By Caleb Fubara
Mr Peter Odili is unarguably a living legend in Nigeria’s political firmament. He is easily the patron saint of the current government of Barr. Ezebunwo Nyesom Wike.
As governor of the oil-rich Rivers State from 1999-2007, Odili bestrode the nation’s political space like a colossus. He was crowned the golden governor of Nigeria in 2001.
As the first executive governor of the state in the wake of the excision of Bayelsa, Odili, no doubt, laid the foundation upon which his successors have since built upon. In his heyday as a political gladiator, Odili was sagacious. He exuded finesse. He was also accommodating and philanthropic.
Odili as governor was savvy, and a trailblazer among his contemporaries. He was and remains a pride of his party, the Peoples Democratic Party (PDP).
Odili was comfortably coasting home to clinching the PDP presidential ticket at the party’s convention in 2006 when tragedy struck. It was an impressive ambition that was regrettably put paid to by a band of conspirators. Not even the ‘almighty’ Julius Caesar did survive such a high-wired conspiracy. It would’ve been a wonder had Odili survived his; given the credentials of the conspirators.
Odili may have lost the presidency, yet his imprint and political relevance in Nigeria and, particularly, in his home state cannot be exaggerated. Not only has Odili carved an enviable niche for himself, he yet remains a force to be reckoned with in the Rivers political calculus.
Aside from aiding his former personal assistant, Mr Chibuike Rotimi Amaechi, to clinch the speakership of the 6th and 7th Assembly in the state, he was the fulcrum upon which the latter succeeded him as the fourth elected governor of the state. Again, Odili was the oracle the Jonathan presidency had to consult, extract his endorsement before Wike was anointed to succeed Amaechi as governor in 2015. Whichever one looks at it, these are no trivial feats by any political rating. Yet, Odili is troubled.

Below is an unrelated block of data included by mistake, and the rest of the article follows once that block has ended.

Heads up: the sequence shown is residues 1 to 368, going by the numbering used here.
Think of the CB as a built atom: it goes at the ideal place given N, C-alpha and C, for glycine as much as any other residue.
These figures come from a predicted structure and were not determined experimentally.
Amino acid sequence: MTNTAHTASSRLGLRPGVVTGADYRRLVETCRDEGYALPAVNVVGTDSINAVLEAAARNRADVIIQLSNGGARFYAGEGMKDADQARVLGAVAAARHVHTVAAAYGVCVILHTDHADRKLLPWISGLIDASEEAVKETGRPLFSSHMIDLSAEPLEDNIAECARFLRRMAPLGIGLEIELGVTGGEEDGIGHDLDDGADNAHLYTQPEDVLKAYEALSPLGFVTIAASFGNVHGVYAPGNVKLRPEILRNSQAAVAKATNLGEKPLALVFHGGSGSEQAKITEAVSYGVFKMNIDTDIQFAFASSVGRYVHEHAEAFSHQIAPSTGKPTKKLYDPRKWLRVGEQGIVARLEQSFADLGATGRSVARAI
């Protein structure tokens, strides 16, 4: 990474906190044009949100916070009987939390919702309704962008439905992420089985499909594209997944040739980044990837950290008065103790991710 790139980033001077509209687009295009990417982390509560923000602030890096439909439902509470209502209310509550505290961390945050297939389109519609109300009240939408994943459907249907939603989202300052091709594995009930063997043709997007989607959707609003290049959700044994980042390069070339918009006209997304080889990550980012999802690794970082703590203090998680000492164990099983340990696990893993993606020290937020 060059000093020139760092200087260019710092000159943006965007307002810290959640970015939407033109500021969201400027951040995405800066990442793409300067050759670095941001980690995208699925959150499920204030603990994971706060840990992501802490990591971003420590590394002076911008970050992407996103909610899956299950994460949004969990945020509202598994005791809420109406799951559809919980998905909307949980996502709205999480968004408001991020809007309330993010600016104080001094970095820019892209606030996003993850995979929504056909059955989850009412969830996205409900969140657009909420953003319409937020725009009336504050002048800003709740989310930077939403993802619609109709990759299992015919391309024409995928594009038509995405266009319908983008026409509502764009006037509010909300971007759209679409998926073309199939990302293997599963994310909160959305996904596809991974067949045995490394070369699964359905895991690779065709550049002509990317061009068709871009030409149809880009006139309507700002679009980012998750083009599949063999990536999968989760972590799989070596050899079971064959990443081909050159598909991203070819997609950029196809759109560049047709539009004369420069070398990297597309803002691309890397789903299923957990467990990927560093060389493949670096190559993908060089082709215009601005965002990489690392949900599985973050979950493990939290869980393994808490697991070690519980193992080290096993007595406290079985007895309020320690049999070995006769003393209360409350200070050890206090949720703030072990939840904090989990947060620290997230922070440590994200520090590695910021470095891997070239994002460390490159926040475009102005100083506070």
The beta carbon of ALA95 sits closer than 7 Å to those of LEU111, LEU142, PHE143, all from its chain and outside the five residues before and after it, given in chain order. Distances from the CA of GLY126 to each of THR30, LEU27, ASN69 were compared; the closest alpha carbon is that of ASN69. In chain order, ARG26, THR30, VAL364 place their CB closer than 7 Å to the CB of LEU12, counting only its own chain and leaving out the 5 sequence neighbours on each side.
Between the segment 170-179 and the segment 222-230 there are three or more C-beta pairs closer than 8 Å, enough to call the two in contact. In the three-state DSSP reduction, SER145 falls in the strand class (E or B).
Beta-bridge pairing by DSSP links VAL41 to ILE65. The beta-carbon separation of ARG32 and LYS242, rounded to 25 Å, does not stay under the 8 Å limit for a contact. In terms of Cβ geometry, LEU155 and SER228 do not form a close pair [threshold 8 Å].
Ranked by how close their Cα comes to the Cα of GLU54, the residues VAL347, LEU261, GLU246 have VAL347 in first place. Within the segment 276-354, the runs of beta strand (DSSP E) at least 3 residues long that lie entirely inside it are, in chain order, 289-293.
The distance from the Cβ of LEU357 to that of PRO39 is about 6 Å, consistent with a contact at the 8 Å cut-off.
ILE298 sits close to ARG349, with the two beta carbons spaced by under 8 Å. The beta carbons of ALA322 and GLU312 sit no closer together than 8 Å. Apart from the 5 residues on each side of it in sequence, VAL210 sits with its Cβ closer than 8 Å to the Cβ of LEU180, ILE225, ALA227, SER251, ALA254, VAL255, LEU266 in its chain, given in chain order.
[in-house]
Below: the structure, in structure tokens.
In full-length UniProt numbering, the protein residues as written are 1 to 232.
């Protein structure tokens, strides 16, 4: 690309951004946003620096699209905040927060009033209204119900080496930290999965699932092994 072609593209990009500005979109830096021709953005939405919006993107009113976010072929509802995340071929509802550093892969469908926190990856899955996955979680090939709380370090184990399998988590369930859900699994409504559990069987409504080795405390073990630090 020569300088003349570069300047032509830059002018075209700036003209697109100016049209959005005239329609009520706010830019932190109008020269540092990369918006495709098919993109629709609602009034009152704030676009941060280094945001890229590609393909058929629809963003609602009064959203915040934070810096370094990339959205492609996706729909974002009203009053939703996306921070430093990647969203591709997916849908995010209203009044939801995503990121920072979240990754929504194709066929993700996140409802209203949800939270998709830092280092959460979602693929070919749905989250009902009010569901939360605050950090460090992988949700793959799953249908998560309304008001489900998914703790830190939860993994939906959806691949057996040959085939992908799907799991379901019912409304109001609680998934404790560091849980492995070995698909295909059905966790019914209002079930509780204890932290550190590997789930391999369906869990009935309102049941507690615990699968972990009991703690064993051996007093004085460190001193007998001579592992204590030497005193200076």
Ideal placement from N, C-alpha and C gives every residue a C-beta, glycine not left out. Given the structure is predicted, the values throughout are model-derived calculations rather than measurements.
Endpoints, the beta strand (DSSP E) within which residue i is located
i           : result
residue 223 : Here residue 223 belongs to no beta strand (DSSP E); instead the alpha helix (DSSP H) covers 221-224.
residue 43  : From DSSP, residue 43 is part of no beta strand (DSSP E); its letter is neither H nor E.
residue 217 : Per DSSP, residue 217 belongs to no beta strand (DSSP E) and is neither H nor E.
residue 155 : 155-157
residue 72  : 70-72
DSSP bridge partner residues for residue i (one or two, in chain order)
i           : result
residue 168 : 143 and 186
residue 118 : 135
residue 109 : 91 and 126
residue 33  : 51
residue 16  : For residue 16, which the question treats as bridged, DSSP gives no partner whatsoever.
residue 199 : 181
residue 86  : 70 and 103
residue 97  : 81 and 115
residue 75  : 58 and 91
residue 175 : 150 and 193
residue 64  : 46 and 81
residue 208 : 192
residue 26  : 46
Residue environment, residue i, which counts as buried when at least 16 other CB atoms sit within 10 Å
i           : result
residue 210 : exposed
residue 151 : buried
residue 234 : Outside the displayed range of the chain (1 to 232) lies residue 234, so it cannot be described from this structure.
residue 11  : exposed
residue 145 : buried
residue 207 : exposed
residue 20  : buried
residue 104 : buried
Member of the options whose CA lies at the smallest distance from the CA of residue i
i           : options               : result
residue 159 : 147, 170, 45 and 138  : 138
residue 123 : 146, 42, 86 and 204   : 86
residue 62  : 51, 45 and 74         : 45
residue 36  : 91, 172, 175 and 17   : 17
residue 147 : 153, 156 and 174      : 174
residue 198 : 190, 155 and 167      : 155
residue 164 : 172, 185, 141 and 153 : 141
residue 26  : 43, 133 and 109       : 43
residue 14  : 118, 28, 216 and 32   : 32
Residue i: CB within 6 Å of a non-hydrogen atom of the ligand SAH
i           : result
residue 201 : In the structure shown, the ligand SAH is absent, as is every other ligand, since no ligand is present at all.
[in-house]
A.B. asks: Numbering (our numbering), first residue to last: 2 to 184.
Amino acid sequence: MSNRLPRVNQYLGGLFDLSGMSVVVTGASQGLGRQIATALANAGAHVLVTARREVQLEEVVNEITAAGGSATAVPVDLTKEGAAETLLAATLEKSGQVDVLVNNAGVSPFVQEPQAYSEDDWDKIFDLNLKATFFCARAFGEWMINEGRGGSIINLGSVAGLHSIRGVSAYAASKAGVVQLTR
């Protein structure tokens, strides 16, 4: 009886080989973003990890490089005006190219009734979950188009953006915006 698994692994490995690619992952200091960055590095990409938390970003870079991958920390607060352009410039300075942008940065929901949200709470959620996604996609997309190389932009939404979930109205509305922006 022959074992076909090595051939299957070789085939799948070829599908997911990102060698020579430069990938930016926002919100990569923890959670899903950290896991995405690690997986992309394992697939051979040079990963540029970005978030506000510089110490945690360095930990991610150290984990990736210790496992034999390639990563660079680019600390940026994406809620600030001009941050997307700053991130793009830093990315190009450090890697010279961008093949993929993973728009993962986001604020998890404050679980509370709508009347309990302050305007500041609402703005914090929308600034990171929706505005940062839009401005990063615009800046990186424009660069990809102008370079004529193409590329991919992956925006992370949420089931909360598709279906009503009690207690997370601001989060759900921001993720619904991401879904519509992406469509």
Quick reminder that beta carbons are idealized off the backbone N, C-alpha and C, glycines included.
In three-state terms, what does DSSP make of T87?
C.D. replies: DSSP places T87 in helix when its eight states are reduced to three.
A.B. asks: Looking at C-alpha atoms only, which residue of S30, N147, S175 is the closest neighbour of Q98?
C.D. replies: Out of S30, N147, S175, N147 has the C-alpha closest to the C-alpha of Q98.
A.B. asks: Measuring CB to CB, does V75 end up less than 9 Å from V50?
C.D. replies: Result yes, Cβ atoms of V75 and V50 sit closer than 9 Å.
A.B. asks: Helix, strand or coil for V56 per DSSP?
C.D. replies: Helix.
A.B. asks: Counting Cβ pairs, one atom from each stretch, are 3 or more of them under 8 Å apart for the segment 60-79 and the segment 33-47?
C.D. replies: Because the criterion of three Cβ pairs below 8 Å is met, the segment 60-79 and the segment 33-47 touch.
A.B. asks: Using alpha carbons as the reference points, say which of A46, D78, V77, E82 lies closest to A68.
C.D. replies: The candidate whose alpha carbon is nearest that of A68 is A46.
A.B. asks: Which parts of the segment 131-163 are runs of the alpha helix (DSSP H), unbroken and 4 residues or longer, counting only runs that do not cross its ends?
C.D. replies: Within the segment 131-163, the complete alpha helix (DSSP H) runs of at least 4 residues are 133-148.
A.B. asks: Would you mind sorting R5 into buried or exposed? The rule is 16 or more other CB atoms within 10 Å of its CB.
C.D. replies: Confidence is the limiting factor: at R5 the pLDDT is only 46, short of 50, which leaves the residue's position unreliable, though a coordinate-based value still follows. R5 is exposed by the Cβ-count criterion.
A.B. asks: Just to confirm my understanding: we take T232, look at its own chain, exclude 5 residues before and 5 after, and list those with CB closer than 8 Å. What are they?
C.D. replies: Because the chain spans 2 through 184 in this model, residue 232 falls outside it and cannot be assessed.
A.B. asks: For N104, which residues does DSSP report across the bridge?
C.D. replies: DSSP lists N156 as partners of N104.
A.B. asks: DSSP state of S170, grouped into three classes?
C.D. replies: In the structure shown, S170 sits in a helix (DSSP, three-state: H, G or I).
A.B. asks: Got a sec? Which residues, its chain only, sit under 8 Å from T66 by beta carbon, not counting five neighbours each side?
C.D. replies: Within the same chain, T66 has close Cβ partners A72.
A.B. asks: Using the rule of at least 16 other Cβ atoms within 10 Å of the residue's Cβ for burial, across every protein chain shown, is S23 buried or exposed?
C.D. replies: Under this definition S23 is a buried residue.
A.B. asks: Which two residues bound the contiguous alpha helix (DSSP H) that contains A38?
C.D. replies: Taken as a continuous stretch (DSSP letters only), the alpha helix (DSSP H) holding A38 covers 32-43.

That Gov. Wike has seized every available opportunity to dote on the Odili’s is what it should be a show of gratitude. Though he has been somewhat showy, and on occasions played to the gallery. Wike’s outlandish genuflections in this regard may be troubling, but he needn’t be begrudged. After all, the Master once asked, “Were it not ten that I healed, and where are the other nine?” Wike simply recognizes the man who could’ve taken the wind out of his sail when his standing wasn’t sufficient.
But knowing the matrix of power play, it is yet to be settled that, unlike his predecessor, Wike will not turn his back on Odili should there be a reversal in the political tide. Whether Wike, with time, will turn his back on Odili is for the future to decide. The focus of this discussion is the immutable place of gratitude when a man is aided to ascend an exalted height such as the office of governor.
Paradoxically, unlike Wike, Odili and Amaechi have variously been accused of the sin of ingratitude the moment they climbed to Brick House. Yet it would appear that Odili set the pace when he bit the fingers that fed him; by refusing to accord the duo of Alabo Tonye Graham-Douglas and the late Dr Marshall Harry the pride of place they deserved in the making of his governorship.
Consequently, what would’ve been an excellent scorecard of a fantastic political career is sorely blotted. Odili is accused of turning the table against his benefactors, and by extension, the Kalabari ethnic nationality. The good doctor, they believe, owe the duo, and by extension, the Kalabari nation debt of gratitude. And the only extrication from debt is its repayment.
The disagreement between the king and the kingmakers, as it were, and the backlash therefrom has led many to believe that Odili ‘hates’ the Kalabari man. This strongly held view cannot be swept under the carpet. It is one political conviction rightly or wrongly held that is fast festering into a stigma that could haunt Odili and even those after him. As governor, it would appear Odili took on the Kalabari nation and succeeded. But as a man out of office, the Kalabari nation is capable of waging a consuming war against Dr Peter Odili. It is only but a matter of time and chance.
Is there anything Odili can do to reverse the trend? The answer is in the affirmative. For it is better late than never.